Saturday, February 02, 2008

Excellent article on the riders of the Capitol Corridor

Sam Whiting of the San Francisco Chronicle filed an excellent account of the riders of California's Capitol Corridor. He gets on the train in Oakland and takes it to Sacramento, interviewing the regular riders and explaining the market that this successful intercity commuter railroad services.

By the way, we think the Chicago-Milwaukee service should emulate the Oakland-Sacramento service profiled in the article. There are 16 round trips a day in California. Only 7 in Illinois and Wisconsin. That's the direction we need to go and the way to do that is to invest more taxpayer dollars in rail instead of just in highways.

The City of Milwaukee is a leader on this issue, taking a formal position against expanding I-94 and for an intermodal approach. It's just shy of 2 billion to build more lanes on I-94 on the Wisconsin side and much cheaper than that to buy the 16 daily round-trips on Amtrak (not to mention building a Metra extension from Kenosha through Racine to Milwaukee).

6 Comments:

Blogger plaws said...

If that's the way you want to go (and it would be great), get the legislature to enact laws allowing for creation of something like the Capitol Corridor Joint Powers Authority then pass bond issues to support them. It's pretty clear that without the CCJPA, there wouldn't be 16 trains on that route every day.

Having smaller, route- or service-focused entities might avoid some of the problems seen with the RTA and it's squabbling subsidiaries (over which it has little control).

10:26 AM  
Blogger Dan Johnson-Weinberger said...

I guess we would need to create a bistate authority. It seems like a good idea to me to develop an authority that exclusively cares about chicago-milwaukee rail service. I don't know whether the KRM commuter rail extension from Kenosha to Racine and Milwaukee can and should be a part of a new authority. In principle the answer is yes. (Maybe because I'm on the northbound Metra now). Even if we dodged that issue, having a Hiawatha authority to focus on improving trip time, growing ridership and growing frequencies would be a great institutional advance.

5:36 PM  
Blogger Christopher said...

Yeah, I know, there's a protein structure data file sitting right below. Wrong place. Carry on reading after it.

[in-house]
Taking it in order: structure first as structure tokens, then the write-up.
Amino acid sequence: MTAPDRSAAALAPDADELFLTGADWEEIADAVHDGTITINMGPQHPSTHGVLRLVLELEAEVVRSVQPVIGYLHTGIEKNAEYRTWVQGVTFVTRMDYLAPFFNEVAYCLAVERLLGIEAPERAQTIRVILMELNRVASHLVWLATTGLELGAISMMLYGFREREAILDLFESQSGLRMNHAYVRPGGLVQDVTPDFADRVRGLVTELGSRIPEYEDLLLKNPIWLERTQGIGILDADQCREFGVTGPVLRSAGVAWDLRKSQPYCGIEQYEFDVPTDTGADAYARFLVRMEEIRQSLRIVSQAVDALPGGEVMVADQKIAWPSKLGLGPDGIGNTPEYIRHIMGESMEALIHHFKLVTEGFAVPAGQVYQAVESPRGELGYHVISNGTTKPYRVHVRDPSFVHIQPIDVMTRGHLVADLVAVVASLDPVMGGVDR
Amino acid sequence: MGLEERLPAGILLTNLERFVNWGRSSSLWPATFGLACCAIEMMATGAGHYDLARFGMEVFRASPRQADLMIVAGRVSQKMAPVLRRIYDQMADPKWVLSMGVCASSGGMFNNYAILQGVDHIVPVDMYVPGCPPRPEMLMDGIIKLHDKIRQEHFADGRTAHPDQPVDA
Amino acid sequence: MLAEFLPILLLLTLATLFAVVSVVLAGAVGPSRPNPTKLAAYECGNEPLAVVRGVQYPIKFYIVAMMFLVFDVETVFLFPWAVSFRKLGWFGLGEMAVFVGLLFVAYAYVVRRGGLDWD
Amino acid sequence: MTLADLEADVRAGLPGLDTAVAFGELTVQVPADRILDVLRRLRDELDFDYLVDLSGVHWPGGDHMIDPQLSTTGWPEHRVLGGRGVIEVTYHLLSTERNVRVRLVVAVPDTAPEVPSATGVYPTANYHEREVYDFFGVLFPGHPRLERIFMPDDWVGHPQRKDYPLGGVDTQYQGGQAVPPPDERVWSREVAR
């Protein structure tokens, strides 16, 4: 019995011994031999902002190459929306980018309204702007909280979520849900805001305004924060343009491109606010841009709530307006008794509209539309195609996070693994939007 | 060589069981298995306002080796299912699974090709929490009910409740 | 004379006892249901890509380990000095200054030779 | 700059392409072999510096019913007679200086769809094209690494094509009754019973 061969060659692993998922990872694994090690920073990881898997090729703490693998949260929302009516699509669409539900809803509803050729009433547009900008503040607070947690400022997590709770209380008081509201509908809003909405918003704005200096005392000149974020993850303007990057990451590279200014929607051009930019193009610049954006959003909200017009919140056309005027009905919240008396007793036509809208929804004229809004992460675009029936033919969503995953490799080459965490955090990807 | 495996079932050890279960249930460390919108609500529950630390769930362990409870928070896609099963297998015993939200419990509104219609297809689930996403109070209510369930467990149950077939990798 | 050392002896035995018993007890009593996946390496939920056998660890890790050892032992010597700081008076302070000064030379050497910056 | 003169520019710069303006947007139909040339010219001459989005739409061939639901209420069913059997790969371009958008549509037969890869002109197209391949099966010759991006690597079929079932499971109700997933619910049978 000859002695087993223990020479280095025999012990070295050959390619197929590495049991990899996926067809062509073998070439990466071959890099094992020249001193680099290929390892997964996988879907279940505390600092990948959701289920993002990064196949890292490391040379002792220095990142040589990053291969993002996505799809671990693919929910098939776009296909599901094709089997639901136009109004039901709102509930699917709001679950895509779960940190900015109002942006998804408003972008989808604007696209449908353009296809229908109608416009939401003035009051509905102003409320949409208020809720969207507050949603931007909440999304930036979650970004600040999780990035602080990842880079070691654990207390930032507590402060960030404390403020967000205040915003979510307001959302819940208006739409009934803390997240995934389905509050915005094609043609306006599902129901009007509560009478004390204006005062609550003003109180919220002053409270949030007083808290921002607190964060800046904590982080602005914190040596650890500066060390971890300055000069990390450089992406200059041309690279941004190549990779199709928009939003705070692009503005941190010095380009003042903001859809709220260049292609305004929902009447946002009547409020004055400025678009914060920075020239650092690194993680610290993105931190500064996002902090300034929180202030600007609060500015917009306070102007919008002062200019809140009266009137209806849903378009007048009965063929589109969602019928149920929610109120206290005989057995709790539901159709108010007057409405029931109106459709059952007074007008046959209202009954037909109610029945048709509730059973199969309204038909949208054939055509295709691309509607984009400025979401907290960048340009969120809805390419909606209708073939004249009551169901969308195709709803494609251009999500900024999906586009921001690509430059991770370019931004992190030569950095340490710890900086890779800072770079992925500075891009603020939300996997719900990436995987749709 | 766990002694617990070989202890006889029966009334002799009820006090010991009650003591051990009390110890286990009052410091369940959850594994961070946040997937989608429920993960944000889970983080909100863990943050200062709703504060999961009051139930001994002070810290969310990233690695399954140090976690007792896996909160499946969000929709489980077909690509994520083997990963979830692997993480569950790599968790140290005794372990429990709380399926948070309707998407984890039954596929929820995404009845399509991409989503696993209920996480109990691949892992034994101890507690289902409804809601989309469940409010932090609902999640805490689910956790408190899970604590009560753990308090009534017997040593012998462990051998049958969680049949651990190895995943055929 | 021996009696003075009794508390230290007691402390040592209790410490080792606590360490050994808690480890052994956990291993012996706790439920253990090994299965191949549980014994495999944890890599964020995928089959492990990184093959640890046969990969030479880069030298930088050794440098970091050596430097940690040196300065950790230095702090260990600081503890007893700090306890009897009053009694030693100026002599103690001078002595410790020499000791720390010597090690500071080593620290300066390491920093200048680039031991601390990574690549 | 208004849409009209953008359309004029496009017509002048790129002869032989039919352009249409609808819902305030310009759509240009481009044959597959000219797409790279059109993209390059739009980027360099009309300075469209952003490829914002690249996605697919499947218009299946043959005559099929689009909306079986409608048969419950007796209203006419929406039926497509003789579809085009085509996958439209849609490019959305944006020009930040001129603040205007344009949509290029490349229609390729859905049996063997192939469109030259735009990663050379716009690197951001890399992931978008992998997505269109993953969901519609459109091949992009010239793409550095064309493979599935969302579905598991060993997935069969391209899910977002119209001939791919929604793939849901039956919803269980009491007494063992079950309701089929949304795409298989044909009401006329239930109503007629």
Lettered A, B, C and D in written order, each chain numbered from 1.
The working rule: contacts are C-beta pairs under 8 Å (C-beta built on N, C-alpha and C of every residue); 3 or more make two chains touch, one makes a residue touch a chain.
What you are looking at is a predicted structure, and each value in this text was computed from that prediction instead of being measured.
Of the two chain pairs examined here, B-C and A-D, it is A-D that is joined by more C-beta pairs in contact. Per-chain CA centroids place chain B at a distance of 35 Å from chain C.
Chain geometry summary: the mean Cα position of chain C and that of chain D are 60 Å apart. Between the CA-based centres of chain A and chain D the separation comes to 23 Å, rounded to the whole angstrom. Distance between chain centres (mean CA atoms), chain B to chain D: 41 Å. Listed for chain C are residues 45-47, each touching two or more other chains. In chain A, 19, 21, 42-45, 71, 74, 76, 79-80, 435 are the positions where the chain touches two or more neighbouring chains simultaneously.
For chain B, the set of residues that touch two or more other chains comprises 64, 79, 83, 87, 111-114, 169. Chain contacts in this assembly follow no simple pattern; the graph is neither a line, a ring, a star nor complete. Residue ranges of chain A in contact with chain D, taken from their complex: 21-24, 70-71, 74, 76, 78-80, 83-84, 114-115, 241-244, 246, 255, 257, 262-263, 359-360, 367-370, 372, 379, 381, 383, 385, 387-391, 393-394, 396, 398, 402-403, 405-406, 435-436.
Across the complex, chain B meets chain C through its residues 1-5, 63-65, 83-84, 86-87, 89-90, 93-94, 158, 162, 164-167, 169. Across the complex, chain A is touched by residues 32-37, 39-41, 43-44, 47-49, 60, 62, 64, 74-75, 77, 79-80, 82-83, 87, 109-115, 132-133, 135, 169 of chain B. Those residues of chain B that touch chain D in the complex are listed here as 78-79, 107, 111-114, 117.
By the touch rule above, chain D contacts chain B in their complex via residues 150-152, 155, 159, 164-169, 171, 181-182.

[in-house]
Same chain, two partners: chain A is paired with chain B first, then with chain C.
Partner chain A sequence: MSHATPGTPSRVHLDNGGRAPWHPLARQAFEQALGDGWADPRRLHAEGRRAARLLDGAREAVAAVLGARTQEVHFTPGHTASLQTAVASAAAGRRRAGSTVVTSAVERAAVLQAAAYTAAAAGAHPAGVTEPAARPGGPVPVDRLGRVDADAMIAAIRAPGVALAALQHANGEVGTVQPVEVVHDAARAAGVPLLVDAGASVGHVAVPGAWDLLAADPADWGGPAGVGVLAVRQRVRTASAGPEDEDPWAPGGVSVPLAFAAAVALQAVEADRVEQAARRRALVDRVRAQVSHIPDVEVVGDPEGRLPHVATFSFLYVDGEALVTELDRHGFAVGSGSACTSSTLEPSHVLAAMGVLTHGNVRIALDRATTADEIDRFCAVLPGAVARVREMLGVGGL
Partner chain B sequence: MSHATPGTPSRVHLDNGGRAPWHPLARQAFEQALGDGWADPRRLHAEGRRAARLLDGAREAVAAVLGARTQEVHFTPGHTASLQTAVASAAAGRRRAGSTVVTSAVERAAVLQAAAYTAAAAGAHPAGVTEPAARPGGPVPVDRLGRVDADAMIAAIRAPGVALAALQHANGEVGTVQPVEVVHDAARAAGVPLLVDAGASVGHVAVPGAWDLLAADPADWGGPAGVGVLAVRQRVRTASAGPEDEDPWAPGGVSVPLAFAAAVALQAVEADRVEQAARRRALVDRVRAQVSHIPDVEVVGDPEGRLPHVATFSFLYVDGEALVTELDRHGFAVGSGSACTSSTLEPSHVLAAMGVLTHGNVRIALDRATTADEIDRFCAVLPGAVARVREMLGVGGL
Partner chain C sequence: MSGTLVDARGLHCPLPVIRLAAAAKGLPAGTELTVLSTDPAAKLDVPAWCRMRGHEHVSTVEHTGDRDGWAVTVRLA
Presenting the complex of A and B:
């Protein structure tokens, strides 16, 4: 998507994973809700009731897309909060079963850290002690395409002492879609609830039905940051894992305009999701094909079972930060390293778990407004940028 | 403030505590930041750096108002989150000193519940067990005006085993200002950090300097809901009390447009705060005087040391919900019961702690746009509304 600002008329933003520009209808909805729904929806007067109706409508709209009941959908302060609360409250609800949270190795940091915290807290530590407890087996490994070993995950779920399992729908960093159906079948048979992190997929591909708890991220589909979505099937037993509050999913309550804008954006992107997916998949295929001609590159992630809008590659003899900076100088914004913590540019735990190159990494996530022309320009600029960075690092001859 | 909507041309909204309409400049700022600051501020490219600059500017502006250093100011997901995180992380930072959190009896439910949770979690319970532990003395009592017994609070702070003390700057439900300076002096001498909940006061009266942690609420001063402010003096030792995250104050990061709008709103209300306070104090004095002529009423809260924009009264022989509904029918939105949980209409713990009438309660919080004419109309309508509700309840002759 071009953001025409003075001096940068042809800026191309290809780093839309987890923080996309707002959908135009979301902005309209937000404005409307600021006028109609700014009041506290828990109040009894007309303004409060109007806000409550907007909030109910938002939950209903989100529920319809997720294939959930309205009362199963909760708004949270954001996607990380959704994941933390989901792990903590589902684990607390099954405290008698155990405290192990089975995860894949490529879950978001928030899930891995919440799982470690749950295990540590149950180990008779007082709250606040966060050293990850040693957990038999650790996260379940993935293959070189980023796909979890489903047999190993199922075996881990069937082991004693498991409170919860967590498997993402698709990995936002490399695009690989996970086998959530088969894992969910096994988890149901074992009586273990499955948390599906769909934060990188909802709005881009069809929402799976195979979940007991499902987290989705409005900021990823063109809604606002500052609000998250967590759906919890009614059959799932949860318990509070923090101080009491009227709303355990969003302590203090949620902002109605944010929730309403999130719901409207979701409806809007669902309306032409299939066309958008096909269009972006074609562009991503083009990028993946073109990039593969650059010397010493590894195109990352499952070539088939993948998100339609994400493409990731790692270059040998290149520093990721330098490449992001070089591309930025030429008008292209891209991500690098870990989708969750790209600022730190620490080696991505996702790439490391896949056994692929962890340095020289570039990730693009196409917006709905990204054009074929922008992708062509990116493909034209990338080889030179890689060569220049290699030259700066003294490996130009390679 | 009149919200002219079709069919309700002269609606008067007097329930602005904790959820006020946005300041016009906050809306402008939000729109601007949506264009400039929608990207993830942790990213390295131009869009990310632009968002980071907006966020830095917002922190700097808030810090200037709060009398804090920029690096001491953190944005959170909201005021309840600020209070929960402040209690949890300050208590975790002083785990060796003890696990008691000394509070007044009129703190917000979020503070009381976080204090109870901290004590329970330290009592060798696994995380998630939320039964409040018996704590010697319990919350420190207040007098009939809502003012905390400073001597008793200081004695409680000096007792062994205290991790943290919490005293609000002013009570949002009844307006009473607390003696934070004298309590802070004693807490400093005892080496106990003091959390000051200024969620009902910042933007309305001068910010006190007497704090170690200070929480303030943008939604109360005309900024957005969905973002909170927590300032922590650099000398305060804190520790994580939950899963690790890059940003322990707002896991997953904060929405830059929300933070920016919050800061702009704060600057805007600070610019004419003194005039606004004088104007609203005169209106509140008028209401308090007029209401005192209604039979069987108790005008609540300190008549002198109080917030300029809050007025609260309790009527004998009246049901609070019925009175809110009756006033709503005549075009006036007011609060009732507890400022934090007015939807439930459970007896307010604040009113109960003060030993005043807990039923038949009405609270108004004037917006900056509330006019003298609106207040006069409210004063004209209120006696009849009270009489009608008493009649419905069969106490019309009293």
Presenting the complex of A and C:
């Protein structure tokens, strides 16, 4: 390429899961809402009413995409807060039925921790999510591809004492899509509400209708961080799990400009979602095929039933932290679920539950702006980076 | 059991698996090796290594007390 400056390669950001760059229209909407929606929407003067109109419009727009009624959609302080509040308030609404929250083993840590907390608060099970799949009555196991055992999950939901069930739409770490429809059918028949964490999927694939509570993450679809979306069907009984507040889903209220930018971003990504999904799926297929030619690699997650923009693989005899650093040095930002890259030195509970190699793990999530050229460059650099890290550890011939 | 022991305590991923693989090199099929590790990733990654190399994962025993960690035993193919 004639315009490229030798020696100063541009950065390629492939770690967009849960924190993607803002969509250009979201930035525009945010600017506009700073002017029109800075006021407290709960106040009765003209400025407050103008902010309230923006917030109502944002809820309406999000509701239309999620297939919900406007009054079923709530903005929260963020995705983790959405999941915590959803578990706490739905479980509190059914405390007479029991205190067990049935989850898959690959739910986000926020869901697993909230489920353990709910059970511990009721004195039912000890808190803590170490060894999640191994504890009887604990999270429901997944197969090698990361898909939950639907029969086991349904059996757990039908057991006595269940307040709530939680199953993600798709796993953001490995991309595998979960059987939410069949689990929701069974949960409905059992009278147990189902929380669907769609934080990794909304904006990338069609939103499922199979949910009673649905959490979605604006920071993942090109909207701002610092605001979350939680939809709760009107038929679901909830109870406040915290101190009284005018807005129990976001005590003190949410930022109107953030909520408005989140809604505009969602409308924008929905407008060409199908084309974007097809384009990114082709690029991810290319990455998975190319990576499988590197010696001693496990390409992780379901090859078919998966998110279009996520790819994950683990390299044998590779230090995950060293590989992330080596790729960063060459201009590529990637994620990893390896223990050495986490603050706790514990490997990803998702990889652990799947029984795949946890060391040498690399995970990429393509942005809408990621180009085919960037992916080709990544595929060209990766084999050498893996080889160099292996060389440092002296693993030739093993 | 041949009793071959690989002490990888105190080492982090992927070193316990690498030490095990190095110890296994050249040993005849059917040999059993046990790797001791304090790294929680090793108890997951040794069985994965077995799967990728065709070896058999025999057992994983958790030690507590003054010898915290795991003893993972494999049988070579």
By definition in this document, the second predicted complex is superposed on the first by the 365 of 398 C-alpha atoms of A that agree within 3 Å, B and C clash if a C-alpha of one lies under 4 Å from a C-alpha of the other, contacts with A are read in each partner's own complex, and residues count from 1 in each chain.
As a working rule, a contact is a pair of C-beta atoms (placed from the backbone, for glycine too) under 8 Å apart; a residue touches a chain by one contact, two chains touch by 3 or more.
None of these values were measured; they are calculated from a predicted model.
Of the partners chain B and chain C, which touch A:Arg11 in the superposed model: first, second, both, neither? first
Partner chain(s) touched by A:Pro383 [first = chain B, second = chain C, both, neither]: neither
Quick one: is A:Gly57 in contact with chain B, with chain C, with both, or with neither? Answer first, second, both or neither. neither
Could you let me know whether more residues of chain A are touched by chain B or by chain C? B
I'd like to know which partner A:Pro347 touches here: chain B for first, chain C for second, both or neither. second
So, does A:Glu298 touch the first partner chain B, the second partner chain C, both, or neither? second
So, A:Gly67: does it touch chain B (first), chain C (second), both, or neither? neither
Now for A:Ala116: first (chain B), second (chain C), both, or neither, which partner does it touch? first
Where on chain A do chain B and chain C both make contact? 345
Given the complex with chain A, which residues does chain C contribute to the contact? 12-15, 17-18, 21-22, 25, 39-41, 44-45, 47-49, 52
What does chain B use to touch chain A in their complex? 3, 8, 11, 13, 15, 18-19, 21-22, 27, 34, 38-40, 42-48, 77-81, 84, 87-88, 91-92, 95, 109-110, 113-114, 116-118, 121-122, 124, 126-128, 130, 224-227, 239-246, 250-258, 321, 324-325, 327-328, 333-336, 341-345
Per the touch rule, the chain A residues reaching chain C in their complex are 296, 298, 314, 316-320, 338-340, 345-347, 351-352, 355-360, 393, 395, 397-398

It's not just the Capital Corridor. Maine's Downeaster has the same model and it's thriving.

In both cases the difference is an inspired leader who operates on a local level.

1:22 PM  
Blogger Dan Johnson-Weinberger said...

Good point about the Downeaster (but I think there is less frequency in Maine than in Illinois-Milwaukee). It strikes me that the only way to get a local, inspiring leader is to hire one to run an agency or authority exclusively responsible for operating the service. How does the Downeaster work?

3:48 PM  
Blogger Christopher said...

The Downeaster (which now has 5 trips each way) is run by the Northern New England Passenger Rail Authority. This accomplishes three things - it creates a mechanism for states to work together (in like manner to the Joint Powers Board, which allows localities to work together), it removes it's operation from a Department of Transportation that might be less than supportive (what?! a hypothetical situation of course that would _never_ apply to any actual state we'd work with) and it provides the mechanism for empowered local management (Gene and Patricia are responsible for their service in a way that's different from a program manager that is responsible to a boss). In other words, just what you said, about hiring one to run an agency exclusively to run the train. The Downeaster also has the benefit of Trainriders/Northeast which has a focus on promoting that service in similar manner to the Midwest High Speed Rail's focus. Likewise they have a dedicated leader (Wayne Davis).

7:50 PM  
Blogger Dan Johnson-Weinberger said...

I didn't know the Downeaster worked that way. Thanks.

I'm going to blog about this some more and start asking around. Maybe this is the right way to go.

10:07 PM  

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